No easy answer in fatal downtown beating case
Aug 23, 2013
By The News-Register Editorial Board
When a young father dies in the prime of life, victim of a punch thrown on a downtown street, it’s natural for the family and community to demand accountability, justice, perhaps even vengeance. And it’s natural for police and prosecutors to do what they can to deliver an appropriate measure.
However, unlike the stuff of film and television drama, real life is full of shades and nuances, complexities and cross-currents. It’s never as simple as versions glamorized for entertainment purposes.
Sometimes that reality thwarts the criminal justice system’s best efforts to even the scales, and our analysis suggests this is one of those times.
In some respects, Andrew Agcaoili’s death at the hands of Brandon Paholio reminds us of Trayvon Martin’s death at the hands of George Zimmerman, in a case that made national headlines.
The parallels are far from perfect. The national case was laced with racial, ethnic and political overtones, which put enormous pressure on prosecutors to take it to trial; the local case lacked those pressures.
However, in both cases, one young man killed another without being held legally accountable. And in both cases, the impediment was a legally plausible claim of self-defense.
That claim can be applied to assault charges at all levels, not just homicide charges. That left prosecutors with three choices, none terribly palatable:
Charge Paholio with homicide, knowing the case could easily take many months and cost as much as a million dollars to play out, all with little likelihood of success; charge everyone involved on both sides with a sustainable charge like disorderly conduct, knowing that would do little to satisfy anyone’s sense of justice, including their own; or simply concede the legal system had no reasonable way to address the tragic events of the early hours of Sunday, June 2, and forgo prosecution altogether.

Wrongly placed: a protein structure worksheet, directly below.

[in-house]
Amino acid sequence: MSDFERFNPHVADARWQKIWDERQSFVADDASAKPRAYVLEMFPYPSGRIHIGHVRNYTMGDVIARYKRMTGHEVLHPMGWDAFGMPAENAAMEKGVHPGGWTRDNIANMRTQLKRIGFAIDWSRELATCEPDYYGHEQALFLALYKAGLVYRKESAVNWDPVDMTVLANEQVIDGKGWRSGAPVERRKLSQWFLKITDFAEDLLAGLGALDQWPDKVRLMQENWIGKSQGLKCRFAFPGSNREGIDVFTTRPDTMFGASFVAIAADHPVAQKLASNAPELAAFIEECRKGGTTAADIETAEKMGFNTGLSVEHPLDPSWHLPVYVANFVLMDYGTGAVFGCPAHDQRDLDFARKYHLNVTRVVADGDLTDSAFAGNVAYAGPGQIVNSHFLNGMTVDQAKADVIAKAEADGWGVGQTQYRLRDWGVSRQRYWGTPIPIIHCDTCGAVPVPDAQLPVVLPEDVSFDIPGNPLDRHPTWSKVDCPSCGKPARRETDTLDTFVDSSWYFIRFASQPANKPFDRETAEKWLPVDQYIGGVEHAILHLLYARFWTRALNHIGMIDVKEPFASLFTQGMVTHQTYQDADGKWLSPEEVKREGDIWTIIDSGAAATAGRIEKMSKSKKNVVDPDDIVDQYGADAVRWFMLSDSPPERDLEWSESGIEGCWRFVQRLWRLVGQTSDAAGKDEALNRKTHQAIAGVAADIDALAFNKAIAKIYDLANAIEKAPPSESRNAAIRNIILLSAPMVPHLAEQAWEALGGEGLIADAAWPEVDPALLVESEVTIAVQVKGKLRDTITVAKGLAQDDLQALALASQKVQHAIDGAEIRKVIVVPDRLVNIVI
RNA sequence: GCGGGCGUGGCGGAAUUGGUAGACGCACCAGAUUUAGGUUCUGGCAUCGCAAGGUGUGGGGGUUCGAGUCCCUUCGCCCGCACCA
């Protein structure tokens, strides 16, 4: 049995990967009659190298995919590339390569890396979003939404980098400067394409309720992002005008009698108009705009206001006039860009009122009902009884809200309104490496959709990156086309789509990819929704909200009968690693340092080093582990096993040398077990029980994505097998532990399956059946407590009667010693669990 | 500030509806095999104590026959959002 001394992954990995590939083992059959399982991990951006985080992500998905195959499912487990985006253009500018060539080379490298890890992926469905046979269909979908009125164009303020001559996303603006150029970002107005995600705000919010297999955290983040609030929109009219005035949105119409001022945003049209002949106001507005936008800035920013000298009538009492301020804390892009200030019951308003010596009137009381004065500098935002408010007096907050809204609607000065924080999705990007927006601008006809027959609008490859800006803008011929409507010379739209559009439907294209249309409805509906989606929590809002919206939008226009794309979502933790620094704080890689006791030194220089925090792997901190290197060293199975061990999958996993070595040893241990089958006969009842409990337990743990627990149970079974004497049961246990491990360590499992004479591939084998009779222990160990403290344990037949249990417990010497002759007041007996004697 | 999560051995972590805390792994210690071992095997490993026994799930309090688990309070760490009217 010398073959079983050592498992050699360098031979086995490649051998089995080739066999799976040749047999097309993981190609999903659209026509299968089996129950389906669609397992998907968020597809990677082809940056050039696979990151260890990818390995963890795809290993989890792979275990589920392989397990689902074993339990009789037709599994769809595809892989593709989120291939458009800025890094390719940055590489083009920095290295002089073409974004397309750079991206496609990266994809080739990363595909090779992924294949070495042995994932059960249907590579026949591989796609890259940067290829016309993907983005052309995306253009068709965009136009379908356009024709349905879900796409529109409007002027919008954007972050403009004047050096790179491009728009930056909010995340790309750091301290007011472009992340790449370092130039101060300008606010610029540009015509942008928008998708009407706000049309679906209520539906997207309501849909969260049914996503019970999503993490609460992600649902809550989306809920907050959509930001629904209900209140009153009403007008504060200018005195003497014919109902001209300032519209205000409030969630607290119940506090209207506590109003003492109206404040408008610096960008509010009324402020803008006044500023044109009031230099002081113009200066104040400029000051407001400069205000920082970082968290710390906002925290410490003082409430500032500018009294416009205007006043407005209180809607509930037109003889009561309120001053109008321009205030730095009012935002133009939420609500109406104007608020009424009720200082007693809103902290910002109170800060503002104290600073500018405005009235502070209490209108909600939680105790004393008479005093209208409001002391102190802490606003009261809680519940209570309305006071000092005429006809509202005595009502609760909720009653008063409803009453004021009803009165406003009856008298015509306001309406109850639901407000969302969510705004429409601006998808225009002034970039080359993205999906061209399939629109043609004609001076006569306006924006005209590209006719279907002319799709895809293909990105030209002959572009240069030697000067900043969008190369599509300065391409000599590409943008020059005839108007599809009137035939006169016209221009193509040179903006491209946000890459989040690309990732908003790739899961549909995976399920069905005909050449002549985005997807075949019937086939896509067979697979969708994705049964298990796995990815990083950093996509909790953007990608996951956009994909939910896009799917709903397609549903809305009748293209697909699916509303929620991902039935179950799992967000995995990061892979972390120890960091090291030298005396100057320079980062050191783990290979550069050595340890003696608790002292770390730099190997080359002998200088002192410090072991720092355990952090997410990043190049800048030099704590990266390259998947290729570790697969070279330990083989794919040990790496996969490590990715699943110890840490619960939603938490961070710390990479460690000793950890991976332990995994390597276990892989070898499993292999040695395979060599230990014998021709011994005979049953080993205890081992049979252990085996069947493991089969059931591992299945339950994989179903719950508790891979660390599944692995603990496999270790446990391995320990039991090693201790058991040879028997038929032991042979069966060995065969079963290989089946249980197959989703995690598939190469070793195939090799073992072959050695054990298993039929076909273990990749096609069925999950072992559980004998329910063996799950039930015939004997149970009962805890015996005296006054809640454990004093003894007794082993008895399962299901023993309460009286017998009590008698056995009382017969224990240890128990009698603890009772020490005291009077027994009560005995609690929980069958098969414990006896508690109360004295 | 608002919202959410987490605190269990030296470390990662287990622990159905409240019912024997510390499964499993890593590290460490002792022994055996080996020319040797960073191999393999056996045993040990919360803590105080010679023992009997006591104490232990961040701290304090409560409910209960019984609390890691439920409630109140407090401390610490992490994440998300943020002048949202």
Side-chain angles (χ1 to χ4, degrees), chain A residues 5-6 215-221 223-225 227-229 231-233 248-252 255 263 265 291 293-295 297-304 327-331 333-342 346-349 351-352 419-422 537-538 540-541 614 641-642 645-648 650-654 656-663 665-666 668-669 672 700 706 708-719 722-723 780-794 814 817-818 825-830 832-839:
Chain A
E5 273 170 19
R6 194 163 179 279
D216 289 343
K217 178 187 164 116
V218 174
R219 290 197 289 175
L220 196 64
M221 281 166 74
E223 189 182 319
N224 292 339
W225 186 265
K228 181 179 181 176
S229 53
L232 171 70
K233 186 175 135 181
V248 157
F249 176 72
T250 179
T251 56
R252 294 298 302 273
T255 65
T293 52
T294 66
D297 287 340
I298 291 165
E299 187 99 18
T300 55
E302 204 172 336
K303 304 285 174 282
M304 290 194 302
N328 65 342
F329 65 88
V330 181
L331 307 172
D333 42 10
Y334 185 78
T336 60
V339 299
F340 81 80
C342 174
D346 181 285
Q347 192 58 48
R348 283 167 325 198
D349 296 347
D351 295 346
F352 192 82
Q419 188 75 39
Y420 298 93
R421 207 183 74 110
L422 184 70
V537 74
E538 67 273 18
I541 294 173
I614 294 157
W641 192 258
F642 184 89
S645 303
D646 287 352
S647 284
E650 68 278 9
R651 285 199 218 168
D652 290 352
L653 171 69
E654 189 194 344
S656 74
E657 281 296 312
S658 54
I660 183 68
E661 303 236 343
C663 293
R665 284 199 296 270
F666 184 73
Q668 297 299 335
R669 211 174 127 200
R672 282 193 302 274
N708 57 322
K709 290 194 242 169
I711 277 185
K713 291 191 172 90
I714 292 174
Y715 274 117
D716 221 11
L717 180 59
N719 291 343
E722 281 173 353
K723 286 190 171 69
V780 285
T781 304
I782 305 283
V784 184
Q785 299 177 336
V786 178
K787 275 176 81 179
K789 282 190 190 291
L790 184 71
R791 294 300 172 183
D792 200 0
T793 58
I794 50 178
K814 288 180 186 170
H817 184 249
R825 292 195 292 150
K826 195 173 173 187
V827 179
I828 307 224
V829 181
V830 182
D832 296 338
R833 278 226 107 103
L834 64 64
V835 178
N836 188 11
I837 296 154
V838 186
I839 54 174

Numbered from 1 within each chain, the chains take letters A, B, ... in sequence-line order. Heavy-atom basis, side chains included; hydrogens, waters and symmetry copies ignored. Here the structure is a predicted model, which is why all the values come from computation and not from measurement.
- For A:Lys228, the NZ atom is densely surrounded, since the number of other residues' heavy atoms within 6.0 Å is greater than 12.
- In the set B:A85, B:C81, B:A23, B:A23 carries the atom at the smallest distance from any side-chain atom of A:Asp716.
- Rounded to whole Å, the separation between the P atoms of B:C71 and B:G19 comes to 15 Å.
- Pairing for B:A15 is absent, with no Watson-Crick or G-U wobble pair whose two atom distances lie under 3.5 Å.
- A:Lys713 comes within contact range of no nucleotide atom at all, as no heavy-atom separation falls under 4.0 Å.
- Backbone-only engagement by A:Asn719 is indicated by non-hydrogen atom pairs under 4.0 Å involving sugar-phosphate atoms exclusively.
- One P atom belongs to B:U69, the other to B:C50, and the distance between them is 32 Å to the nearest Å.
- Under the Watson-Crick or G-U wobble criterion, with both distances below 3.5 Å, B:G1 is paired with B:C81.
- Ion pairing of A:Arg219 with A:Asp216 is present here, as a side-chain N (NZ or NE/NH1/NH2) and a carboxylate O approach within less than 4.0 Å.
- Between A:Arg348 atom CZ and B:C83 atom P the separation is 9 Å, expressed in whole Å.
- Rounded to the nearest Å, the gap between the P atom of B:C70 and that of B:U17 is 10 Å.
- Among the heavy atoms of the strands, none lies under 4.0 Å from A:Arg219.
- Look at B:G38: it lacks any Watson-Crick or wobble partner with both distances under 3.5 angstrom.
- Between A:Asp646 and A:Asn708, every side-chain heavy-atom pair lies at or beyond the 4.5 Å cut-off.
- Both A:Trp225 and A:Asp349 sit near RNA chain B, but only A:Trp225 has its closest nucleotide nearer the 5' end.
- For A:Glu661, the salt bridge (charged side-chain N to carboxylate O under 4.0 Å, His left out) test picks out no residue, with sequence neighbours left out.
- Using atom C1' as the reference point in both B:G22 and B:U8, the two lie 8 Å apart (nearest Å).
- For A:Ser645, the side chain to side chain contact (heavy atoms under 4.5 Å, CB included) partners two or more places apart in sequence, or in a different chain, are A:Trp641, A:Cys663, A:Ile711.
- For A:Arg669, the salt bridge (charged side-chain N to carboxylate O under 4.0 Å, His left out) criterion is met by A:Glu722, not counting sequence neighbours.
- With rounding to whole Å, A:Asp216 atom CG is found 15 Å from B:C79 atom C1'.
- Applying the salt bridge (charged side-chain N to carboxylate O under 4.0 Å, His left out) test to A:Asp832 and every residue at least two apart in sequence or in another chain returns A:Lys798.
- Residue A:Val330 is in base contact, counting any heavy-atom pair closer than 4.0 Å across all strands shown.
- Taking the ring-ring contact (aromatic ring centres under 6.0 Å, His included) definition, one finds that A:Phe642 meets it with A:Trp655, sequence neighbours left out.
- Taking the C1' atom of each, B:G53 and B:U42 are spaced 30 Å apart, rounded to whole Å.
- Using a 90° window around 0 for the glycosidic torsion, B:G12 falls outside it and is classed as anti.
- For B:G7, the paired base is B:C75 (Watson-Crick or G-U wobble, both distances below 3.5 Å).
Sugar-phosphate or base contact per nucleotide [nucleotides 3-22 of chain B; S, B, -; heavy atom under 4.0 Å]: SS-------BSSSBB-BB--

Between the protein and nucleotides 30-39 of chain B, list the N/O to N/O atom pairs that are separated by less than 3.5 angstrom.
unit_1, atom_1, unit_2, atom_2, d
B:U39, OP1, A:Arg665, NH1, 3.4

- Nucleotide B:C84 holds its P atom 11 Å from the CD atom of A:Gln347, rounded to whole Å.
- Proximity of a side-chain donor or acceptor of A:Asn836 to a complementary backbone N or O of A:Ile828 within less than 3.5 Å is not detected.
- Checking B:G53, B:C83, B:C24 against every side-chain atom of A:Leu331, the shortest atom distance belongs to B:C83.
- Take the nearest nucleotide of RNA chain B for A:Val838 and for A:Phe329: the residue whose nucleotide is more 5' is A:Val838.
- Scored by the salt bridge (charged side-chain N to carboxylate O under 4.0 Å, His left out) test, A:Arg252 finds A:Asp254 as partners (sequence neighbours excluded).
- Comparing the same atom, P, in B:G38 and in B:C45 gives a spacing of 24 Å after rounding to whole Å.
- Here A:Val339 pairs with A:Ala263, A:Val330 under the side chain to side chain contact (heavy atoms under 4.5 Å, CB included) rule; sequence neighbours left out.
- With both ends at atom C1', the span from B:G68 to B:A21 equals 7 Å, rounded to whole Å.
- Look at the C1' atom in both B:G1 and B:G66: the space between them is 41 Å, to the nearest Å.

District Attorney Brad Berry, who has always impressed us as a methodical, thoughtful and honest arbiter, led his team in concluding that prosecution would serve no useful purpose in such a clouded case.
Emotionally, it’s hard to accept that point of view. Intellectually, however, it’s less of a stretch.
We think he made the right call, difficult as that is for friends, family and others in the community to accept.
It seems to us the root cause of Agcaoili’s death, when you lay everything else bare, was excessive consumption of alcohol on the part of virtually everyone involved. It clouded their judgment, dulled their reflexes, fueled their aggression and puffed them full of bravado.
And members of the “victim” group get no pass on that. As the DA notes, they had been drinking all day, moving from a barbecue to the China House, Blue Moon and Cabana Club by turns.
Paholio was summoned to the scene to aid in the defense of older brother Lonnie Cain. His first response was the right one: “Tell him to go home.” Unfortunately, he eventually heeded the call to arms, with tragic results for all concerned.
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